The story went like this: you could install solar panels that would generate electricity on your roof. When the sun was shining, you’d generate enough to power your house and then your meter would run backwards and the power company would send you a check instead of a bill. How cool was that!
That works, and it’s called “distributed generation,” but the real world has complications. One complication is that the power generated while the sun shines is not stored. The utility still has to provide another source of power to turn the lights on at night.
Beyond that – – no surprise – – utilities don’t like having to buy back power. That’s not unreasonable. Utilities have a mandate to provide reliable power all the time and must build and maintain costly infrastructure to meet that requirement.
The more solar capacity you have on your house, the fewer hours you will buy. Therefore, the cost to deliver power to your house is more expensive per hour than for the typical household. To compensate, the utility does not pay you nearly as much for the power you sell as you pay for the hours you buy.
The price of power today to New Mexico homeowners is about 12-13 cents per kilowatt hour, varying with each utility. What the utilities pay back also varies.
Utilities have tried to squeeze a little more profit out of solar powered homes by adding surcharges. A national organization called Vote Solar challenges these surcharges on behalf of consumers. Recently in New Mexico, Vote Solar has intervened in several rate cases before the Public Regulation Commission. It’s represented here by former PRC Commissioner Jason Marks.
PNM tried to get distributed generation surcharges in 2011 and again in 2015. Each time, it gave up that request as part of a global rate case settlement. The 2015 proposal was $6 per kilowatt (not kilowatt hour), roughly $18 per month for a typical distributed generation customer. PNM’s original 2015 case was dismissed in spring 2015 for technical issues. When the case was refiled in the fall, PNM agreed with Vote Solar not to include a surcharge for distributed generation.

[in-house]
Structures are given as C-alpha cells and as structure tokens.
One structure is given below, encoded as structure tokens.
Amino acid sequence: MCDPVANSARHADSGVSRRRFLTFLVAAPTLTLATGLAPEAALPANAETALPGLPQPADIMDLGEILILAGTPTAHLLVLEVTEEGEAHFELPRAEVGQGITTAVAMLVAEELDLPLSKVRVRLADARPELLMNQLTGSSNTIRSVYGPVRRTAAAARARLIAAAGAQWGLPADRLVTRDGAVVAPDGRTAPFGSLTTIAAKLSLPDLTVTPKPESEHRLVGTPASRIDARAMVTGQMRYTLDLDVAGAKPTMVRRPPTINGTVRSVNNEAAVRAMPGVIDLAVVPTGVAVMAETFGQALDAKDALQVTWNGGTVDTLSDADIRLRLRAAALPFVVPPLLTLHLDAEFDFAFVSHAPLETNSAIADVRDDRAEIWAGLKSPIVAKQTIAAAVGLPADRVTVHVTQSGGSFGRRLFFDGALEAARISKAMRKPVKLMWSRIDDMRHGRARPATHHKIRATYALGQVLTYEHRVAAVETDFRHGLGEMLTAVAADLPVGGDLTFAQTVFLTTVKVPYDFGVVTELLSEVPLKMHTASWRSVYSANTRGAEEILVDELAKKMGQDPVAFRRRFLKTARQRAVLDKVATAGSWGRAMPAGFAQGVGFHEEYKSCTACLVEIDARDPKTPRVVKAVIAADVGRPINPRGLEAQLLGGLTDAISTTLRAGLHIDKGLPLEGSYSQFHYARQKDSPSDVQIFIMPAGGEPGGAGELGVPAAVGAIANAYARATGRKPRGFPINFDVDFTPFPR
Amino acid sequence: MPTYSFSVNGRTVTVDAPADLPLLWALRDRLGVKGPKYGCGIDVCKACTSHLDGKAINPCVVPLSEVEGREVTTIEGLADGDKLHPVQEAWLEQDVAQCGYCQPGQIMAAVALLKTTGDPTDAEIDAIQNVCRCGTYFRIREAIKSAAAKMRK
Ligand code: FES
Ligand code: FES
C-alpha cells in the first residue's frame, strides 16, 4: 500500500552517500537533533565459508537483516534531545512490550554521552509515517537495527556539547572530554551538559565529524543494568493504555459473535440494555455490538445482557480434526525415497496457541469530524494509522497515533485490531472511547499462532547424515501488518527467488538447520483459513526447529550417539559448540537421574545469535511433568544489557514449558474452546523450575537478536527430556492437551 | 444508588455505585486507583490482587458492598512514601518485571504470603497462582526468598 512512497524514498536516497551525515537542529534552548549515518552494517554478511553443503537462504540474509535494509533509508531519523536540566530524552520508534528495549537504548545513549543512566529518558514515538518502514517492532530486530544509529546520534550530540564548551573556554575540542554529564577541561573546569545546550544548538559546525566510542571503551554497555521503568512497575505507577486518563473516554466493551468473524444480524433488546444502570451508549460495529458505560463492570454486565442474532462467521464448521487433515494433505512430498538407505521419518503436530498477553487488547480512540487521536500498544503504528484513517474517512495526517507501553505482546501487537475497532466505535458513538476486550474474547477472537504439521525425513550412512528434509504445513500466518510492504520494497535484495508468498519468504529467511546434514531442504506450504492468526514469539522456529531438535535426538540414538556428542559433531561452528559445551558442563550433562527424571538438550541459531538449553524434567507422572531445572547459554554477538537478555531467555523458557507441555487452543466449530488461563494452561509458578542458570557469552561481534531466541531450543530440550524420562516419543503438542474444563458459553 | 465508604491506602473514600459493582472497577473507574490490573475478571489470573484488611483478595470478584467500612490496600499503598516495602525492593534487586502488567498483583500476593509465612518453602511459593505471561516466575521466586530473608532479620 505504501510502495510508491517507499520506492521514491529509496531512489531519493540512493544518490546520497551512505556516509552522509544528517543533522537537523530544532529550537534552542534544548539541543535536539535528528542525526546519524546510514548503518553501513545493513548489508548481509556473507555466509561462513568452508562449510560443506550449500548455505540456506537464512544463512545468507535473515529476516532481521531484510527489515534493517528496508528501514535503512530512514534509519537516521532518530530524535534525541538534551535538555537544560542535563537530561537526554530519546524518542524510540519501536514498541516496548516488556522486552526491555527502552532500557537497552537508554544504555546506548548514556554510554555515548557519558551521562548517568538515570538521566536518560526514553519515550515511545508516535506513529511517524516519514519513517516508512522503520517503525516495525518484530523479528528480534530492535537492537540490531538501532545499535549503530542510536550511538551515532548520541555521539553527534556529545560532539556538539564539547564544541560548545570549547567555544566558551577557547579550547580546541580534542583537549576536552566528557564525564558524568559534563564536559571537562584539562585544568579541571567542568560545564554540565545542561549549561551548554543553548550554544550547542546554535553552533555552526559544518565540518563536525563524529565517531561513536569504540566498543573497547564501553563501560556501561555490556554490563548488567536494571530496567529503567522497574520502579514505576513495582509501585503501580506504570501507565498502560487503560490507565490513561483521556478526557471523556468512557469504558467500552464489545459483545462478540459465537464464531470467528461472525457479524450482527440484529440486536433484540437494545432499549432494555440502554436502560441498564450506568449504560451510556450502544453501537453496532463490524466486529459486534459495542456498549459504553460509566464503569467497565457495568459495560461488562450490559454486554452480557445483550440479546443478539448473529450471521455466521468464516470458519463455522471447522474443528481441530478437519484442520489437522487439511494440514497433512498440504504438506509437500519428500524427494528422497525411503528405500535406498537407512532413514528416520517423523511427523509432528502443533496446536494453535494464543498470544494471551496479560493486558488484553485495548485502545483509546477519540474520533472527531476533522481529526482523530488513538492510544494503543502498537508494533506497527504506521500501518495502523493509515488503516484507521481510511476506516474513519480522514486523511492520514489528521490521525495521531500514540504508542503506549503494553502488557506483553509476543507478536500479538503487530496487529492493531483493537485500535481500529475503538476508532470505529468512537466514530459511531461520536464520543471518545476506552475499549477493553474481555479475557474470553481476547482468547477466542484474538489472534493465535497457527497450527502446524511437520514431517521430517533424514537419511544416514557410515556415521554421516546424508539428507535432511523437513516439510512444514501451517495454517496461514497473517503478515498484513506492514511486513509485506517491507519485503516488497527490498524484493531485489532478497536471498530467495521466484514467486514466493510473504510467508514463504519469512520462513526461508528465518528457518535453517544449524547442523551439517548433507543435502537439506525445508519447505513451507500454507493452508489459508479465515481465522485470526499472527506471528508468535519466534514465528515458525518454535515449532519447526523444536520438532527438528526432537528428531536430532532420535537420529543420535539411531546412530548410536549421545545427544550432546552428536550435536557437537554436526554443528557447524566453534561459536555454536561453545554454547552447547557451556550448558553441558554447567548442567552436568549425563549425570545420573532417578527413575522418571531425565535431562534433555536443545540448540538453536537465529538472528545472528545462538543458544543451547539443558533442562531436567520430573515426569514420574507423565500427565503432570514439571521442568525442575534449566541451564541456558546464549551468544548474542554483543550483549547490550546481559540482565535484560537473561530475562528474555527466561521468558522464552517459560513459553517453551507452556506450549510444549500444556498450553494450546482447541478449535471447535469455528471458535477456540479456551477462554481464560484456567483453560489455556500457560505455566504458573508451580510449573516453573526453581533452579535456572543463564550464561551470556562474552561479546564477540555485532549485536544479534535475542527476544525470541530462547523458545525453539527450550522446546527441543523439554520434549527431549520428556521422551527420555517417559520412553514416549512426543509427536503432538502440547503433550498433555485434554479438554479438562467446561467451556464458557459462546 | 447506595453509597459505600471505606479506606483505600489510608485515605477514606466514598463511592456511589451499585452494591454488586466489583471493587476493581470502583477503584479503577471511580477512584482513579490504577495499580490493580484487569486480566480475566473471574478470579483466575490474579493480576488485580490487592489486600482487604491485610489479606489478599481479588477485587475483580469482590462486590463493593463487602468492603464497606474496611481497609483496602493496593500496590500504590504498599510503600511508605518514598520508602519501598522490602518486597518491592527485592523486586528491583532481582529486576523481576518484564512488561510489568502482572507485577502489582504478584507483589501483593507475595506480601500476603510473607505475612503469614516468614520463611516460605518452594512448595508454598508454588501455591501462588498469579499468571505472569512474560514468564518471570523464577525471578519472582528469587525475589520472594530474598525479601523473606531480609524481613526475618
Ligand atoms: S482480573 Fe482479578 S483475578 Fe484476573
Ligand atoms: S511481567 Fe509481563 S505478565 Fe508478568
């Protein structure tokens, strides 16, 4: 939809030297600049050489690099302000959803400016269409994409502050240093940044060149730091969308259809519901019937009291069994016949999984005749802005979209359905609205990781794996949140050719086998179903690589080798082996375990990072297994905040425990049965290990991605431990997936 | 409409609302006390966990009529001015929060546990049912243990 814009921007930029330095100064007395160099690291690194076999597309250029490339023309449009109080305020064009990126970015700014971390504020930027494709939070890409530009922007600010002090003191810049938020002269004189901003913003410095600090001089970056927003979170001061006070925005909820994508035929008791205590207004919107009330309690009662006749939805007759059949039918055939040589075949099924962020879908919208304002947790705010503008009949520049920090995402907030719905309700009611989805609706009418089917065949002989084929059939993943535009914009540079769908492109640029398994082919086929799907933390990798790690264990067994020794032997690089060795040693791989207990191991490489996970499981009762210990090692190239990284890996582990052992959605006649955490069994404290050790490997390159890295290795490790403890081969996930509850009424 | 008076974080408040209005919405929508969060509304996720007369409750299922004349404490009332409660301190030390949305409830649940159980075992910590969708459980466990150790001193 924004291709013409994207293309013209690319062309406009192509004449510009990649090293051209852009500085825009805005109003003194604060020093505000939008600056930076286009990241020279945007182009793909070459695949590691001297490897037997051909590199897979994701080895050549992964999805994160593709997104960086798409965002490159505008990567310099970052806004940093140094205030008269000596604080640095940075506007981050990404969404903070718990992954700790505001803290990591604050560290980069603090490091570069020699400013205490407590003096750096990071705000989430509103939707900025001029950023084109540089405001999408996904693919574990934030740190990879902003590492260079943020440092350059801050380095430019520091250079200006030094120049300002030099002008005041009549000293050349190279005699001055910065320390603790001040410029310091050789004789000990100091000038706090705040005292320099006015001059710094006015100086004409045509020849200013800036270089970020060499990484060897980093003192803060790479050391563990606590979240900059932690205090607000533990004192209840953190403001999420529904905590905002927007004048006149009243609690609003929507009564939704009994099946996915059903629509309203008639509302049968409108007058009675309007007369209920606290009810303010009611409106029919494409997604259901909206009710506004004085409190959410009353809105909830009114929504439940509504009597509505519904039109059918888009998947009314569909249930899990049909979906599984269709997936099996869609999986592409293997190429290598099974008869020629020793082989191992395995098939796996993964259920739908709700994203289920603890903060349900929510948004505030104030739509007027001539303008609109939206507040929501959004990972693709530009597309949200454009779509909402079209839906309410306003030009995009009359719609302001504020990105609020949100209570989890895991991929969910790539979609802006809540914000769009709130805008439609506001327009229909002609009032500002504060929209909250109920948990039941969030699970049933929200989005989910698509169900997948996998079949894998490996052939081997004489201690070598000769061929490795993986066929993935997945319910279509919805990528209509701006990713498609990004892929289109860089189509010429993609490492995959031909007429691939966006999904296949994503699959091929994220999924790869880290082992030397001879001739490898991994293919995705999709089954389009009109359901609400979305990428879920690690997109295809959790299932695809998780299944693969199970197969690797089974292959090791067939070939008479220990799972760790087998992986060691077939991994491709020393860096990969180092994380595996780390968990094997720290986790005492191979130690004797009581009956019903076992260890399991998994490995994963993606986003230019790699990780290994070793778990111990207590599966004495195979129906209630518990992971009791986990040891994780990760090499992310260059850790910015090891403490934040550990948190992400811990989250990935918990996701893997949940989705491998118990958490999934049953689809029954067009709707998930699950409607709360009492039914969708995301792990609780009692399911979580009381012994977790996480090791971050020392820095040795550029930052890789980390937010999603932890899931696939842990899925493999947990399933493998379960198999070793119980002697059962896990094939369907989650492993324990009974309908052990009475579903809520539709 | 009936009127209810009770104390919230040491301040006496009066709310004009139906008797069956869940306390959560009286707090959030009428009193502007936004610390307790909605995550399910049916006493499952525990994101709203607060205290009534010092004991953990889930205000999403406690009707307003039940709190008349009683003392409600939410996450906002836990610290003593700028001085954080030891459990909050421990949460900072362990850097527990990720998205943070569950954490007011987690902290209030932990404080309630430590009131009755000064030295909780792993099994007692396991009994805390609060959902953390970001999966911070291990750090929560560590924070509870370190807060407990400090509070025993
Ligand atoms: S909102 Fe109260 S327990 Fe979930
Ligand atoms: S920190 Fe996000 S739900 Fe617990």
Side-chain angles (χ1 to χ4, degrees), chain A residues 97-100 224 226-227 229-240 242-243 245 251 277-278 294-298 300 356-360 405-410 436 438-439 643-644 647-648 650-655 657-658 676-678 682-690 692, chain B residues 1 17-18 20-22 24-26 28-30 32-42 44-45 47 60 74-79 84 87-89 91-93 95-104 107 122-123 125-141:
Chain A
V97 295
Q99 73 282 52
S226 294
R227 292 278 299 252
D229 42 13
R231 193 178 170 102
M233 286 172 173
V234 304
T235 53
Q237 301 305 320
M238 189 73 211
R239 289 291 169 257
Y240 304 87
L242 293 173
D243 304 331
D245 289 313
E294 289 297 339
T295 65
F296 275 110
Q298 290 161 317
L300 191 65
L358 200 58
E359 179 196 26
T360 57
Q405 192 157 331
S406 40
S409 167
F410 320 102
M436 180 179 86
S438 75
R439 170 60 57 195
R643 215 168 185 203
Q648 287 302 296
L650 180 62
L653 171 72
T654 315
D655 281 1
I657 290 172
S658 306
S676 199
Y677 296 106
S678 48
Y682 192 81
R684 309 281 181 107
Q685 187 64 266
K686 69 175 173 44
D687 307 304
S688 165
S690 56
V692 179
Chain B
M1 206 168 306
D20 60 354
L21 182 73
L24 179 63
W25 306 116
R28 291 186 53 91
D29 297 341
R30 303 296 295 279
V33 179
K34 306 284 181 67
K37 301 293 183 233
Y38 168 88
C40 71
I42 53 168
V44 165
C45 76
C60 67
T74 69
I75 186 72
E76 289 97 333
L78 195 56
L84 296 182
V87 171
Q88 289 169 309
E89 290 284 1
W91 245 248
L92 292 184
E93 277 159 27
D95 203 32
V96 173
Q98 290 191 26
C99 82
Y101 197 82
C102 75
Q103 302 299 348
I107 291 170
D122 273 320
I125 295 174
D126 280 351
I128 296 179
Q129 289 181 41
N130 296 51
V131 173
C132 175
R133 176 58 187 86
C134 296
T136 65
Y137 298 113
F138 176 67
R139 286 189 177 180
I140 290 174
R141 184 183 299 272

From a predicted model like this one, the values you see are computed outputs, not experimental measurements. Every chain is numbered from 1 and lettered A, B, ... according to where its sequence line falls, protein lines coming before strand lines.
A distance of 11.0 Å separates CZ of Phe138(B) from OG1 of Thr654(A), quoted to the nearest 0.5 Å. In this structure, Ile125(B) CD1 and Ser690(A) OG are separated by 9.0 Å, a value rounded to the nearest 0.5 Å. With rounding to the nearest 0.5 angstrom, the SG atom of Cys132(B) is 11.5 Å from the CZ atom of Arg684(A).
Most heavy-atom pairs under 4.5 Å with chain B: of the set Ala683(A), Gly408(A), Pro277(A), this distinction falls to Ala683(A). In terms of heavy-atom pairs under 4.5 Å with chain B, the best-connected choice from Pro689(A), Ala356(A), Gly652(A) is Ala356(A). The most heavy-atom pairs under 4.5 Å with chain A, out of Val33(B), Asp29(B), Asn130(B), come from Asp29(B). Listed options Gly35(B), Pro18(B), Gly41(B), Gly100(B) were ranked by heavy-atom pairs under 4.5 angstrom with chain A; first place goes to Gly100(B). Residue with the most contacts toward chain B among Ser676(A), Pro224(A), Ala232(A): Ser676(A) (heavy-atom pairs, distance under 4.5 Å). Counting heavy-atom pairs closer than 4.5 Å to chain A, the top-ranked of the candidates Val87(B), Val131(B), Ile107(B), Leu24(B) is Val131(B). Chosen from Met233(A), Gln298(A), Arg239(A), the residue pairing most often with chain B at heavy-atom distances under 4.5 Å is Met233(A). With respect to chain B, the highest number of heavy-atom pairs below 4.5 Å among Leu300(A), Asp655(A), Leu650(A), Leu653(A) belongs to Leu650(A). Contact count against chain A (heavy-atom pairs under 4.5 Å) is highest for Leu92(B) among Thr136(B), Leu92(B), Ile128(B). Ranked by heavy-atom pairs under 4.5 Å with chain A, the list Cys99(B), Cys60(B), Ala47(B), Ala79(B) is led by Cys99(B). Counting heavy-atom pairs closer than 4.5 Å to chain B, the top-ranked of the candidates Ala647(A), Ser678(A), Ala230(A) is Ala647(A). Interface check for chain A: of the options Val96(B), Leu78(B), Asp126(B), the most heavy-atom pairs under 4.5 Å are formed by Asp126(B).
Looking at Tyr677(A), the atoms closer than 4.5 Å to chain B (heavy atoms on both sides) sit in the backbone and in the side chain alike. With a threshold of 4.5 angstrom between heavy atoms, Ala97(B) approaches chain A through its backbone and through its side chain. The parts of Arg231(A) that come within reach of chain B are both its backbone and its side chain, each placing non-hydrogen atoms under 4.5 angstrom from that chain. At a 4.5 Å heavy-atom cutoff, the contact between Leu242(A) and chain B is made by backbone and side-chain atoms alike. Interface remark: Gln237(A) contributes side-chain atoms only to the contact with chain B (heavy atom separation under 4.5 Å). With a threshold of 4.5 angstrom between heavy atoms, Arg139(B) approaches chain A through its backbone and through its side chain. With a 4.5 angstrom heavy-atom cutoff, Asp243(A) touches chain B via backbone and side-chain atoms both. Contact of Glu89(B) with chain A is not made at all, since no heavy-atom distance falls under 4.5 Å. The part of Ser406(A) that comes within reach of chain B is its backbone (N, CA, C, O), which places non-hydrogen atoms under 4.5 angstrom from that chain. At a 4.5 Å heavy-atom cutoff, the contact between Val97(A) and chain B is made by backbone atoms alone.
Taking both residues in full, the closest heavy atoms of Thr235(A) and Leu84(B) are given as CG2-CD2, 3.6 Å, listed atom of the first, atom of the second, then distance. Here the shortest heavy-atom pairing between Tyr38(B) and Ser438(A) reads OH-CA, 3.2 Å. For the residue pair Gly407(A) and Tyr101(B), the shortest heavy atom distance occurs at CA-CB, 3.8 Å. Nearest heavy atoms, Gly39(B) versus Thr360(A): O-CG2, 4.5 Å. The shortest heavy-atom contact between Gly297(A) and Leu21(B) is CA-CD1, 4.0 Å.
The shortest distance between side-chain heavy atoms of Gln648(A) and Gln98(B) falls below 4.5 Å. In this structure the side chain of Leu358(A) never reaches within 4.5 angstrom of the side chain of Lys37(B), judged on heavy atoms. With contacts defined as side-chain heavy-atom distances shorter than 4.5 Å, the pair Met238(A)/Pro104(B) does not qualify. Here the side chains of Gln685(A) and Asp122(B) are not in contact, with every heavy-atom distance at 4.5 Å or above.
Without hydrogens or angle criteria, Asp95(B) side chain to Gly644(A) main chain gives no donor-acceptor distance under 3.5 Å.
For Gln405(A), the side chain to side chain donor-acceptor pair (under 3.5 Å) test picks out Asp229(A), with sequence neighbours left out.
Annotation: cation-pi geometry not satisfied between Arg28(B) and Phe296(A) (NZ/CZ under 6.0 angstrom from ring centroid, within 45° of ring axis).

Southwest Public Service, which serves parts of southeastern New Mexico, had a surcharge of 1.8 cents per kwh and raised it in 2012 to 3.7 cents. They attempted to increase it again in 2016 to 4.8 cents but, according to Marks, Vote Solar intervened. Marks said Vote Solar prevented the increase and negotiated a change so the surcharge applies to fewer kilowatt hours.
El Paso Electric serves the Las Cruces area. Marks said El Paso Electric tried a different approach. EPE tried to segregate distributed generation customers into a separate rate class, which might enable EPE to charge more in the future. That was defeated after a Vote Solar intervention, based on PRC rules that prohibit discrimination between classes of customers.
Even though utilities’ advertising encourages efficient energy use, they make less money when consumers buy less power. This reality does not fit the model under which these “regulated monopolies” (or the cooperatives that serve the rural areas of New Mexico) were developed.
Rooftop solar make sense for a number of reasons. Central New Mexico experienced a massive power outage a few weeks ago. Homeowners who have rooftop solar could look forward to their refrigerators and home computers starting back up in the morning, no matter how long the outage might last.
The economics of distributed generation will continue to improve as the cost of installation goes down. In addition, decentralized power generation could be a significant benefit to national security, as the centralized grid system is a potential target for terrorist attack. The freedom to expand rooftop solar is something we should be welcoming, and let’s hope the utility companies figure out a way to make it work for them, too.
Triple Spaced Again, © New Mexico News Services 2016